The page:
Ngozi Okonjo-Iweala: Nigeria’s crusader-in-chief fights for the country’s soul
Ngozi Okonjo-Iweala is convinced she can diversify the economy. But fears are growing that the end of the commodities super-cycle will imperil the growth model.
In a flash, Ngozi Okonjo-Iweala’s smile becomes a look of fierce determination. "Vested interests are trying to block the greater good," she tells Euromoney.
Those vested interests had better prepare to lose. Okonjo-Iweala is no stranger to battles, and never one to give up the fight. She’s always been this way.
In the middle of the 1967-70 Biafran war, a 15-year-old Okonjo-Iweala confronted the personal horrors of the bloody civil conflict, which sent Nigeria’s post-independence ideals into a tailspin.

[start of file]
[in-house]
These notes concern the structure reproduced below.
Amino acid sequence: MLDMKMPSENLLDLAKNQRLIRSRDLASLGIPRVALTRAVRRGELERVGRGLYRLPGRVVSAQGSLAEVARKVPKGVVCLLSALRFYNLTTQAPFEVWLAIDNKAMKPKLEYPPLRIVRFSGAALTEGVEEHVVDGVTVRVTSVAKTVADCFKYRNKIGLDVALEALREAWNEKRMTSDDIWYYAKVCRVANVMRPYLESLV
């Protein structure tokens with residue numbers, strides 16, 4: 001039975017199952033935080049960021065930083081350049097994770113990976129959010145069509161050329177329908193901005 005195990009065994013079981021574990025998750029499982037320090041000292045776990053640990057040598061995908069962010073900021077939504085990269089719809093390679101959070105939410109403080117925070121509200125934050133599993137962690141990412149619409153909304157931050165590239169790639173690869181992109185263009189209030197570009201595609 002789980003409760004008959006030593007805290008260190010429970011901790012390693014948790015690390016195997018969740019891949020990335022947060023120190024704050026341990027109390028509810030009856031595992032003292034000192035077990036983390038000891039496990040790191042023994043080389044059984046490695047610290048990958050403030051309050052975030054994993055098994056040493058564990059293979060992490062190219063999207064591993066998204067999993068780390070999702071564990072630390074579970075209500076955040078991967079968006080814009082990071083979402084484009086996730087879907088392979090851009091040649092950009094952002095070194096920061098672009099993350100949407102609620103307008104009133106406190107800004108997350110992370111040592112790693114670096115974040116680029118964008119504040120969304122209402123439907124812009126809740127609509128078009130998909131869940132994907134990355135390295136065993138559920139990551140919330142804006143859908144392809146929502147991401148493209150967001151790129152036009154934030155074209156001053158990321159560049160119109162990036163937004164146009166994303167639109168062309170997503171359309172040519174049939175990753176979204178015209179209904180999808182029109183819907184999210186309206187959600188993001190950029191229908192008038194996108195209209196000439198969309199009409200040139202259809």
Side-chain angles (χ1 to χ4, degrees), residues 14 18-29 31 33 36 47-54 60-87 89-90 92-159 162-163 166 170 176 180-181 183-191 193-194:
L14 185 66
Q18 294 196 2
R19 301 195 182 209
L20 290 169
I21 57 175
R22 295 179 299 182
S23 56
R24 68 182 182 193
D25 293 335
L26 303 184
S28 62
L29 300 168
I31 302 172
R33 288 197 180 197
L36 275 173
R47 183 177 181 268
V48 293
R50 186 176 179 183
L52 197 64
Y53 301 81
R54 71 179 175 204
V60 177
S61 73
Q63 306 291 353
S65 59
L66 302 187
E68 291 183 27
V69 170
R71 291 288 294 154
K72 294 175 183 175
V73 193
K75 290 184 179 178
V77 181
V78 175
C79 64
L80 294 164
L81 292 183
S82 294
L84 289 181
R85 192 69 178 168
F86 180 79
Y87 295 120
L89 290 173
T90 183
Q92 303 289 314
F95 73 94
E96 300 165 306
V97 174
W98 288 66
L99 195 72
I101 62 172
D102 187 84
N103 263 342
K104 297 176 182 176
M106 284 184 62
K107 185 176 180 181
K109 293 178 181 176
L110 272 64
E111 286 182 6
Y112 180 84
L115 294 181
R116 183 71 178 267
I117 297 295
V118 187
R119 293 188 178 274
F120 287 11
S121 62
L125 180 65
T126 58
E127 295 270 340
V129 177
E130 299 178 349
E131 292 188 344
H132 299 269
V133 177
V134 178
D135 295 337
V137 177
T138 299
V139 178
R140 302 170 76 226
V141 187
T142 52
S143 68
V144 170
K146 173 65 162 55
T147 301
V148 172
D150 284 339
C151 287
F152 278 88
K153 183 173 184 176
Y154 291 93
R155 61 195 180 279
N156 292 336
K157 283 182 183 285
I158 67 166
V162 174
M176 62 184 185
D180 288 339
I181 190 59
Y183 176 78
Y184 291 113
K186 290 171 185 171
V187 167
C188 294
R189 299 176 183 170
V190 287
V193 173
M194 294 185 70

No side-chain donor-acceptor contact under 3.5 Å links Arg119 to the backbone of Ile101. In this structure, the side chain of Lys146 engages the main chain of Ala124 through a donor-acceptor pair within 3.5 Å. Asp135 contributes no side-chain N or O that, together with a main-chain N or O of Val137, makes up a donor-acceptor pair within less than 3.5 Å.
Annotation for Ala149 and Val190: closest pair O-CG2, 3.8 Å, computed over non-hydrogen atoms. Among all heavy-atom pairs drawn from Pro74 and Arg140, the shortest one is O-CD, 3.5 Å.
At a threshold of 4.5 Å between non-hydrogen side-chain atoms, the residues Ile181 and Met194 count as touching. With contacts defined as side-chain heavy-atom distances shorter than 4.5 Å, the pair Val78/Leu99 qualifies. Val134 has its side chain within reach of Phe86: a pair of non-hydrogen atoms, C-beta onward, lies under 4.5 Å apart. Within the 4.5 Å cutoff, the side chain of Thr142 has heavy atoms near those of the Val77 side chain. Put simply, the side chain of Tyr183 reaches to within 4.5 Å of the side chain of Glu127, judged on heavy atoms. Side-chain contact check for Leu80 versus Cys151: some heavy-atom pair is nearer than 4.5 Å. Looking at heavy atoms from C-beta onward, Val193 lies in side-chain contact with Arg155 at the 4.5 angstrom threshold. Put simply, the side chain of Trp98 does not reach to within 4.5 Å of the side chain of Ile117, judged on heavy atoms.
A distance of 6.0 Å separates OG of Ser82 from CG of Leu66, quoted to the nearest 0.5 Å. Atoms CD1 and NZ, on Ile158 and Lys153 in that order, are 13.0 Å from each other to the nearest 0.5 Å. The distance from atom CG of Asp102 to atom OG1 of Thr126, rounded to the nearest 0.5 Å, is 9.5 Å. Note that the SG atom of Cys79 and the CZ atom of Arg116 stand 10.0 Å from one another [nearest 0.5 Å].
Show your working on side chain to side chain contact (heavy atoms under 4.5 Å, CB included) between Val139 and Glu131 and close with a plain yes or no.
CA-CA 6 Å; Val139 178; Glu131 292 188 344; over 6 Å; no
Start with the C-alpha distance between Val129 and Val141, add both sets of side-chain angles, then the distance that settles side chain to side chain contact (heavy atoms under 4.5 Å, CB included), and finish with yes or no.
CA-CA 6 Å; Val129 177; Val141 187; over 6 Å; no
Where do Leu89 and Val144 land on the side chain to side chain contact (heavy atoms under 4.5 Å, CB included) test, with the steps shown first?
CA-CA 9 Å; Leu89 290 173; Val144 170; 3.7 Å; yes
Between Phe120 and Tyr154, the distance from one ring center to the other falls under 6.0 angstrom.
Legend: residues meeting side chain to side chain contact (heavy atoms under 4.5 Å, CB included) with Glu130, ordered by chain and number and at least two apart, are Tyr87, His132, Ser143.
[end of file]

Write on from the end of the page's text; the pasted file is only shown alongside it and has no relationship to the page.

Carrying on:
|Nigeria’s finance minister, Ngozi Okonjo-Iweala|
At the height of the war, her father served as a brigadier in the army and her mother was incapacitated by illness, leaving Okonjo-Iweala to shoulder responsibility for her three-year-old sister, who suddenly fell critically ill with malaria. The future fiscal commander-in-chief, informed that medical assistance could be found some 10 kilometres away, strapped her sister on her back and, in the searing heat, trudged to the church, a makeshift refuge for the ill and dispossessed. Battling the clock, Okonjo-Iweala crawled into the refuge and, after medical staff administered emergency treatment, her sister’s life was saved.